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How University of Glasgow attracts and uses postgraduate Unibuddy ambassadors

Group of students congregating under archways at the University of Glasgow

The University of Glasgow is a top Russell Group University and University of the Year for 2020 (THE Awards). Home to the infamous Team UofG, the university has a long-standing belief in the power of its campus community to attract new students to its cause: to bring a community of world-changers together.

The challenge

“67% of our PG cohort is international,” said Recruitment Marketing Manager Ann Wilber, “This means they likely won’t step foot in Glasgow, attend an open day and experience the tried and tested methods of traditional higher ed marketing when considering the University.”

It’s a real challenge. Generally, universities know that if a student attends an open day, they have on average a 30% chance of conversion. But how do you create opportunities for that kind of connection when your prospective student lives thousands of miles overseas?

“It’s the nitty-gritty stuff that adds the value,” said Wilber, “the stuff that’s pretty much impossible to share on our website. It’s not the top 10 reasons for PG students to study in Glasgow, course content or high rankings—it’s answers to questions like: ‘Will I fit in on campus?’; ‘How many hours do you spend in lectures vs seminars and labs each week?’; ‘What are my career options?’ Postgraduates have very specific and specialised questions.

We needed a tool where students could ask these questions and get quick answers that they could trust. Something that could address anxieties and remove barriers to application.”

The solution

“We’ve rolled out Unibuddy to almost all of our subject areas and have hundreds of students on the platform. Prospective students love it. We’re now just shy of hitting one hundred thousand messages. How would those conversations happen without the channel?

For me, it’s about amplifying the human voice of our university and, to that end, the whole programme is voluntary. We get the best students that way. It’s not uncommon to see conversations like ‘Hey, I’m not paid to say this so you know I’m being true!’ which gives our programme an extra layer of authenticity. International postgrads especially need this—so they can find out all the information not covered on the website as it’s harder for them to visit campus, particularly at the moment. ”

Wilber is clearly passionate about the project. When asked about how she keeps so many students motivated to answer questions, she shares:

“I don’t have to run ads to get new students on board. Our Academic Schools are bought in, so much so that they offer extra credit for students becoming a Unibuddy ambassador—it’s been amazing for getting students who give it their all.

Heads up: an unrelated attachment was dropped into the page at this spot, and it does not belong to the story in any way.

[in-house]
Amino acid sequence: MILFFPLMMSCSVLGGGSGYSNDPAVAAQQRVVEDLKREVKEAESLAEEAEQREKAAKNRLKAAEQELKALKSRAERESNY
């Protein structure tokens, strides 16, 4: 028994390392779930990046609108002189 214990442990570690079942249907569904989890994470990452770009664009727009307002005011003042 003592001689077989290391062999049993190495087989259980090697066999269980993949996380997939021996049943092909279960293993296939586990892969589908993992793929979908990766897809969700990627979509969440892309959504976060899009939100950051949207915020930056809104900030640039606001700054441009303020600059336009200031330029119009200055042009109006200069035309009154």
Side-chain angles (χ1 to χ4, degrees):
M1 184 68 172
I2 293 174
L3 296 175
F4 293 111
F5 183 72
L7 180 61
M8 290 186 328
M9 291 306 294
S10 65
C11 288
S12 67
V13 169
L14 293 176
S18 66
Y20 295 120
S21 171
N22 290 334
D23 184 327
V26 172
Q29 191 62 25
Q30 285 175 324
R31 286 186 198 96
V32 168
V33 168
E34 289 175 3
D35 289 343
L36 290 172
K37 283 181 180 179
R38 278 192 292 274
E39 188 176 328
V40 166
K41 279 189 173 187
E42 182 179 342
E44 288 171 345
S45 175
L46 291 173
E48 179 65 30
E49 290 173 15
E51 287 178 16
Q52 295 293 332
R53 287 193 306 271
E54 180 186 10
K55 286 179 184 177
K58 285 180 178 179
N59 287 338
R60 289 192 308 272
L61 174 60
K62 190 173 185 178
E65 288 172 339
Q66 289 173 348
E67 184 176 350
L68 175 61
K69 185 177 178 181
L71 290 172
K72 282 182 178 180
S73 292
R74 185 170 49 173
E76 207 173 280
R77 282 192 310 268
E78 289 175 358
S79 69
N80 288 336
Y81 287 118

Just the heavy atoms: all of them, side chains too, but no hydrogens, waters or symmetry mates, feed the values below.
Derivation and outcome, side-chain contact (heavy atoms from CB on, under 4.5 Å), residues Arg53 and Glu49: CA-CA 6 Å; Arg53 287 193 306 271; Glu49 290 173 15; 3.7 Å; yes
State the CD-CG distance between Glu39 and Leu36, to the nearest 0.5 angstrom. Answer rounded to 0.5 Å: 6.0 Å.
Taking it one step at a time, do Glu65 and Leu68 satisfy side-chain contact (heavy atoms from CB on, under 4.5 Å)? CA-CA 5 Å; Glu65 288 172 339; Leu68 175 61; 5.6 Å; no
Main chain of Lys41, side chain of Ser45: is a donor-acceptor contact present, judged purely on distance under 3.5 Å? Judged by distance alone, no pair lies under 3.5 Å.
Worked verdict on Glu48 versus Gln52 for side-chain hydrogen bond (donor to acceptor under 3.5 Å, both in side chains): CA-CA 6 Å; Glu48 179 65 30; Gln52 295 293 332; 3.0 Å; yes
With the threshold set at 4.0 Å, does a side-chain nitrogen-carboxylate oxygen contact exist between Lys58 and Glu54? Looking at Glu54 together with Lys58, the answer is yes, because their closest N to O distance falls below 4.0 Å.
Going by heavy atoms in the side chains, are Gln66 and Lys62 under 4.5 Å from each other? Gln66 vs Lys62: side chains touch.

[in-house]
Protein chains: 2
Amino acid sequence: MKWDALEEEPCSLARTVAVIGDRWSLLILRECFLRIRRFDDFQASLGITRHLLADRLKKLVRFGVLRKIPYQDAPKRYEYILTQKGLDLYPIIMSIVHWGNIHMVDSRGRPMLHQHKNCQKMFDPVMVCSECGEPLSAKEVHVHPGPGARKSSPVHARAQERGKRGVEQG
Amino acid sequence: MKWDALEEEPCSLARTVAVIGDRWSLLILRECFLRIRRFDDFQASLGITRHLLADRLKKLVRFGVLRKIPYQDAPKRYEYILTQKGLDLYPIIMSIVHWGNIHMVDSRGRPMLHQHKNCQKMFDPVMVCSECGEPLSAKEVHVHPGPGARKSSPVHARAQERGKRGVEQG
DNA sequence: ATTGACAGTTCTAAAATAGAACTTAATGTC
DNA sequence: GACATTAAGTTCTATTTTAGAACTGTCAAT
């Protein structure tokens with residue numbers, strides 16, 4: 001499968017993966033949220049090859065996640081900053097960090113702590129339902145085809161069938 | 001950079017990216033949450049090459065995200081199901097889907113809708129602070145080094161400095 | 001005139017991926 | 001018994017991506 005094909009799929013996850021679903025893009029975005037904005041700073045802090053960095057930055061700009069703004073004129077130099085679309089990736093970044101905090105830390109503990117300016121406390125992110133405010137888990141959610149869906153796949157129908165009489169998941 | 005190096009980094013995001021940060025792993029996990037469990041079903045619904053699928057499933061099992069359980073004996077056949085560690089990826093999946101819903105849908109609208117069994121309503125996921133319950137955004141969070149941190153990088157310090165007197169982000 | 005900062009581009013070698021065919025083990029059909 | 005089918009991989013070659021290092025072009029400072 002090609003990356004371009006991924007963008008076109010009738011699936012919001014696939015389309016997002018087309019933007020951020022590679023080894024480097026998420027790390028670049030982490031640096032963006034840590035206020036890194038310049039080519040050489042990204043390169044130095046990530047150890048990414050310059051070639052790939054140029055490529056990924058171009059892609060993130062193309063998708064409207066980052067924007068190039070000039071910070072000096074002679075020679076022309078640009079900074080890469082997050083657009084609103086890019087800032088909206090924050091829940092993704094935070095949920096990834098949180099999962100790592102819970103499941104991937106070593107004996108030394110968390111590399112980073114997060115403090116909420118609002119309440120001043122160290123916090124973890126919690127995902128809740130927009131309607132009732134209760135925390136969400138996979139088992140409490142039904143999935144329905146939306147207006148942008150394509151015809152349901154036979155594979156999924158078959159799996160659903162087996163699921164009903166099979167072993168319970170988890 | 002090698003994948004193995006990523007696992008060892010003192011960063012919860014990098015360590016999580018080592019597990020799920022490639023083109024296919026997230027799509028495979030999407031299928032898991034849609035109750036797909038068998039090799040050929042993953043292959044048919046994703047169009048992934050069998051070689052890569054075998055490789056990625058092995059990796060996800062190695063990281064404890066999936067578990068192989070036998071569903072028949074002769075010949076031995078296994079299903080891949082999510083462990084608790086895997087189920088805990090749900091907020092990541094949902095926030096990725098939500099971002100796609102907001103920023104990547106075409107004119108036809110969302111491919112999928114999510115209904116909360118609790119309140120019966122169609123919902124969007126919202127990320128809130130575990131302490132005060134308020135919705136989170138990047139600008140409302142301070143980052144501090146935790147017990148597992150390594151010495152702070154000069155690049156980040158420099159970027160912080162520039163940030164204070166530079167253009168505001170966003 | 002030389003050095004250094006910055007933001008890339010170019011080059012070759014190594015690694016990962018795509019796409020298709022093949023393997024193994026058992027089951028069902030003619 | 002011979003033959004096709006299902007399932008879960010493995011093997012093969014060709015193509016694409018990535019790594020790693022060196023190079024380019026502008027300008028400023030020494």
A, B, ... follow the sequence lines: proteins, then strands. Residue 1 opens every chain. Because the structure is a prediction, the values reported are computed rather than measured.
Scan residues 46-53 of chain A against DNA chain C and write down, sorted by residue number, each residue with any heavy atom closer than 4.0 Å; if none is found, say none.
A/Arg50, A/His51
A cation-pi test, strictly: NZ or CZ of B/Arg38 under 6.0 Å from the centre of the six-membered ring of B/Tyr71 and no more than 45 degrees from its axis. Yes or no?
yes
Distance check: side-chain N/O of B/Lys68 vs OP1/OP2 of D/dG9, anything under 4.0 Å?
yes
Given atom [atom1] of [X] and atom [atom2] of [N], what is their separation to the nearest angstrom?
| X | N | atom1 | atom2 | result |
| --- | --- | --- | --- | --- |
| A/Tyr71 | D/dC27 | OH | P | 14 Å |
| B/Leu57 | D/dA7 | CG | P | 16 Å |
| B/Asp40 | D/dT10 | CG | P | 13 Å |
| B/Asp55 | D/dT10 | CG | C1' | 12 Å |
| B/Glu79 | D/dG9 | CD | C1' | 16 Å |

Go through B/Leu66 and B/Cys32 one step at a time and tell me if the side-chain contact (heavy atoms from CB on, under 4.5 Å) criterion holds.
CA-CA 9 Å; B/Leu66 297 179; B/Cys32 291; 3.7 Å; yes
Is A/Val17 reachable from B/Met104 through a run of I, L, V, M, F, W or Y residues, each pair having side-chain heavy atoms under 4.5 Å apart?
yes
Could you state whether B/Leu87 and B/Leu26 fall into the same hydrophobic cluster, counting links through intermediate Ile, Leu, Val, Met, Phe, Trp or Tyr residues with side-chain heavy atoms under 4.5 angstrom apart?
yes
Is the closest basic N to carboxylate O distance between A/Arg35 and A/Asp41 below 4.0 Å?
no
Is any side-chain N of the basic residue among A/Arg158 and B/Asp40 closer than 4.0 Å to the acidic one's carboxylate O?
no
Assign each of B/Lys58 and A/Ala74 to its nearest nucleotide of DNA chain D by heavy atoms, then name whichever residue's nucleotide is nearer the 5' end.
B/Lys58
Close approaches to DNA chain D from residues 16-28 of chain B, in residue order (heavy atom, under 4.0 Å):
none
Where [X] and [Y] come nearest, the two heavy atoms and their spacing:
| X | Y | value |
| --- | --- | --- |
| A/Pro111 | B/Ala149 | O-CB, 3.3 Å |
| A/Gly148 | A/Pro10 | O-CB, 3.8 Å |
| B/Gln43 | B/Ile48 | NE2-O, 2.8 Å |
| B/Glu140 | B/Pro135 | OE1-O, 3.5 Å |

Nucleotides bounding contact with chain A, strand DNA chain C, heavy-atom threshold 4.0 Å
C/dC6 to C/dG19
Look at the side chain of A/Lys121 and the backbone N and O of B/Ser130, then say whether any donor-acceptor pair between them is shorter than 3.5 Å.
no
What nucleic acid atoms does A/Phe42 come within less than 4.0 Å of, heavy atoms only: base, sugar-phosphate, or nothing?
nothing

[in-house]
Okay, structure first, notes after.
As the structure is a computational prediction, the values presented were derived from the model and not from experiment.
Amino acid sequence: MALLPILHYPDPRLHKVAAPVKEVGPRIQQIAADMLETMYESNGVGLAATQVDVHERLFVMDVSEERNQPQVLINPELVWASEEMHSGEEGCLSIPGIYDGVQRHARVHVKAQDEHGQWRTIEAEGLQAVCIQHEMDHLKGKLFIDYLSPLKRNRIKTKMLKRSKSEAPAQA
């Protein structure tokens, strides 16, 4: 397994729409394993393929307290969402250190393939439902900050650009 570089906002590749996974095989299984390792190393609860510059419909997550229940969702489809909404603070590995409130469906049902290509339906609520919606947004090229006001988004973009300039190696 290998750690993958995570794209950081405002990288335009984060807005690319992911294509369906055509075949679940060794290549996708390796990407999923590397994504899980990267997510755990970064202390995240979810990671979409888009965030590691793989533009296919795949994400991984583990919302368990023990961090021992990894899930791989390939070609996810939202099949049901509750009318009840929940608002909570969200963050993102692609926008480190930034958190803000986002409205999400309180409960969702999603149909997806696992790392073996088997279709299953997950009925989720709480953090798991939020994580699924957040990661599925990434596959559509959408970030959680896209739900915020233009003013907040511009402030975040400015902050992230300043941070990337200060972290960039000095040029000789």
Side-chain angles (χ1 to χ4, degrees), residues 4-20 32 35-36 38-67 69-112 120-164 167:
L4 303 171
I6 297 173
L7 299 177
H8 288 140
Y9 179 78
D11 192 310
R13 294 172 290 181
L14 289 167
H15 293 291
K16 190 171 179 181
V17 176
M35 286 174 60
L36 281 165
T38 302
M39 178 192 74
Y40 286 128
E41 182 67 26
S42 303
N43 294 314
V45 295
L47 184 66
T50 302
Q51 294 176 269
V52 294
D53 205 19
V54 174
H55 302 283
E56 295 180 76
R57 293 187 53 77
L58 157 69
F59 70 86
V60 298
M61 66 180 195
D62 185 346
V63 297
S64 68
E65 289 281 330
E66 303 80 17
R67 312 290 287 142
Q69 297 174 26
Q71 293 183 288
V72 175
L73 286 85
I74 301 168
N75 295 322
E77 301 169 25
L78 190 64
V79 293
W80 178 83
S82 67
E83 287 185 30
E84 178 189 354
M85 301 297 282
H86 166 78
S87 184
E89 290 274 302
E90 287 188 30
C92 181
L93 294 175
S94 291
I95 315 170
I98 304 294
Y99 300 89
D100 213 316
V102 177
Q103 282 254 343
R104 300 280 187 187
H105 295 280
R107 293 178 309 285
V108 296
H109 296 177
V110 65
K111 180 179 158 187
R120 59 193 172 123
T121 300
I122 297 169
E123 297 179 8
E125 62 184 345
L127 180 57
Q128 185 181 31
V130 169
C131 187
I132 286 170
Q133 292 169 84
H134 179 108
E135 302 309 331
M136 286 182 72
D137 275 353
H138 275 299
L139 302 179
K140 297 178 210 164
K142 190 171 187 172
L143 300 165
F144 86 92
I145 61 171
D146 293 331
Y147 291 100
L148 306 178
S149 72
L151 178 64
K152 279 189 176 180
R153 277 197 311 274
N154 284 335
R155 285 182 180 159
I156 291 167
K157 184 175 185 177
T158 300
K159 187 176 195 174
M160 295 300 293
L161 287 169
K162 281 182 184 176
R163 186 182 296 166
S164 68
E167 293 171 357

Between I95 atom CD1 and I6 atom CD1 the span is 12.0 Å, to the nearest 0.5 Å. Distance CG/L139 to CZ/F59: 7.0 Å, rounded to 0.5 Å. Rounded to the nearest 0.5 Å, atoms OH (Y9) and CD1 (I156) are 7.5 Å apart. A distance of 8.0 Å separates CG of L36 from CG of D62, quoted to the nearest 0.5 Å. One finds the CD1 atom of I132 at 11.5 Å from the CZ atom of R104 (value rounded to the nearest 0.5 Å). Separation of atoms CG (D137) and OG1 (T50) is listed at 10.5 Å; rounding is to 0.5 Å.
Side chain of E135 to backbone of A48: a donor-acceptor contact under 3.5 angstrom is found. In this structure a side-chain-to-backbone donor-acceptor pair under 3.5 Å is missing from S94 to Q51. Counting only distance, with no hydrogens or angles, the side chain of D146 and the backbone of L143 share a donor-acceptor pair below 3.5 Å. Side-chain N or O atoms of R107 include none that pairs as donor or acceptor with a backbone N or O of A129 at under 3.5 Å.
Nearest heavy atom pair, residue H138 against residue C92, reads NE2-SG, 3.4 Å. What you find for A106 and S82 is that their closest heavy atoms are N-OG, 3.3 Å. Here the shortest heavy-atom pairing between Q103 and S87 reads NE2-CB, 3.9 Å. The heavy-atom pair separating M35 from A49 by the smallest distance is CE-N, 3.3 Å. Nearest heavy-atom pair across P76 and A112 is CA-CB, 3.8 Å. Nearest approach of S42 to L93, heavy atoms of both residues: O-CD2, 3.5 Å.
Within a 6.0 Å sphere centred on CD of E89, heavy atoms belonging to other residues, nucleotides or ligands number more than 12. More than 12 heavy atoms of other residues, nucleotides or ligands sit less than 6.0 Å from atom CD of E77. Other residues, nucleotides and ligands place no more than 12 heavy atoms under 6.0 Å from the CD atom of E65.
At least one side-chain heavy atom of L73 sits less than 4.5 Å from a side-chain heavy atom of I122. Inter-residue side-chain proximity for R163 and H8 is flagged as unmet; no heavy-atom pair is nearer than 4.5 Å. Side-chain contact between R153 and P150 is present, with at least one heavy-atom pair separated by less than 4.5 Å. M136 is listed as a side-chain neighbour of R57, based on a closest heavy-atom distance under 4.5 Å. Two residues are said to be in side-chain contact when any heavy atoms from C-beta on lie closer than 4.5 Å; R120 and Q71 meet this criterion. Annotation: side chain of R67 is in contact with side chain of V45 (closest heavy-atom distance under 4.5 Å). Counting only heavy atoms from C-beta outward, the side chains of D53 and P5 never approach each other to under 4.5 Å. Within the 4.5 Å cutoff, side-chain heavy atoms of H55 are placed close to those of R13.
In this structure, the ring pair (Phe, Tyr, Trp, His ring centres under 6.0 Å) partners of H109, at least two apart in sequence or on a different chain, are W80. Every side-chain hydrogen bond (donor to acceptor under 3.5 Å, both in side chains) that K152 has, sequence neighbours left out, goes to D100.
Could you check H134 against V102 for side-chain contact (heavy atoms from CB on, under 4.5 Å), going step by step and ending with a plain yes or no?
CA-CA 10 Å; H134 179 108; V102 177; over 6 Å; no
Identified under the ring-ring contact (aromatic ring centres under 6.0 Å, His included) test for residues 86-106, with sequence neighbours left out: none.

Plus, I work hard to make sure all our ambassadors get extra value from volunteering and stay motivated. With PGT’s these students are only here for a year and they have a busy schedule with dissertations taking up a huge chunk of their time towards the end of their studies.

So I’ve worked hard to design incentives so like a certificate of completion and also ensure that their contribution appears on their Higher Education Achievement Records (HEAR). Students like to attach the Certificate of Completion to their LinkedIn profile so it’s a good motivator to keep volunteering with us.”

The results

“I was already a fan of Unibuddy, but during the pandemic it really came into its own,” says Ann, “Our students produced blog content around mental health, how to handle anxieties and get through lockdown. It was some of our highest performing content in student comms and for me it became clear how important it was to encourage student blogs. The key was to ensure our ambassadors were writing about what was interesting and of value to their peers at that specific time.”

This plays out on social media too. Industry-wide, user generated content for social channels tends to perform six hundred times better than content produced by the brand itself. When asked what her biggest surprise from using Unibuddy is, Wilber shared:

“Honestly, it has to be how lovely and helpful students can be. Think about it: They are usually young, keen and haven’t got immediate career commitments—they have a lot of time and love to give! They give great advice and enjoy helping their peers and I can see in the conversations taking place that they reassure students in the decision they are going to make and take away a lot of doubt or confusion. They genuinely want to help the person they are talking to by sharing their experience at the University of Glasgow.”

Use Cases

The university needed a tool that would allow students to ask questions and get quick answers that they could trust—something that could address anxieties and remove barriers to application.


Their students produced blog content around mental health, how to handle anxieties, and get through lockdown. It was some of their highest performing content in student comms.

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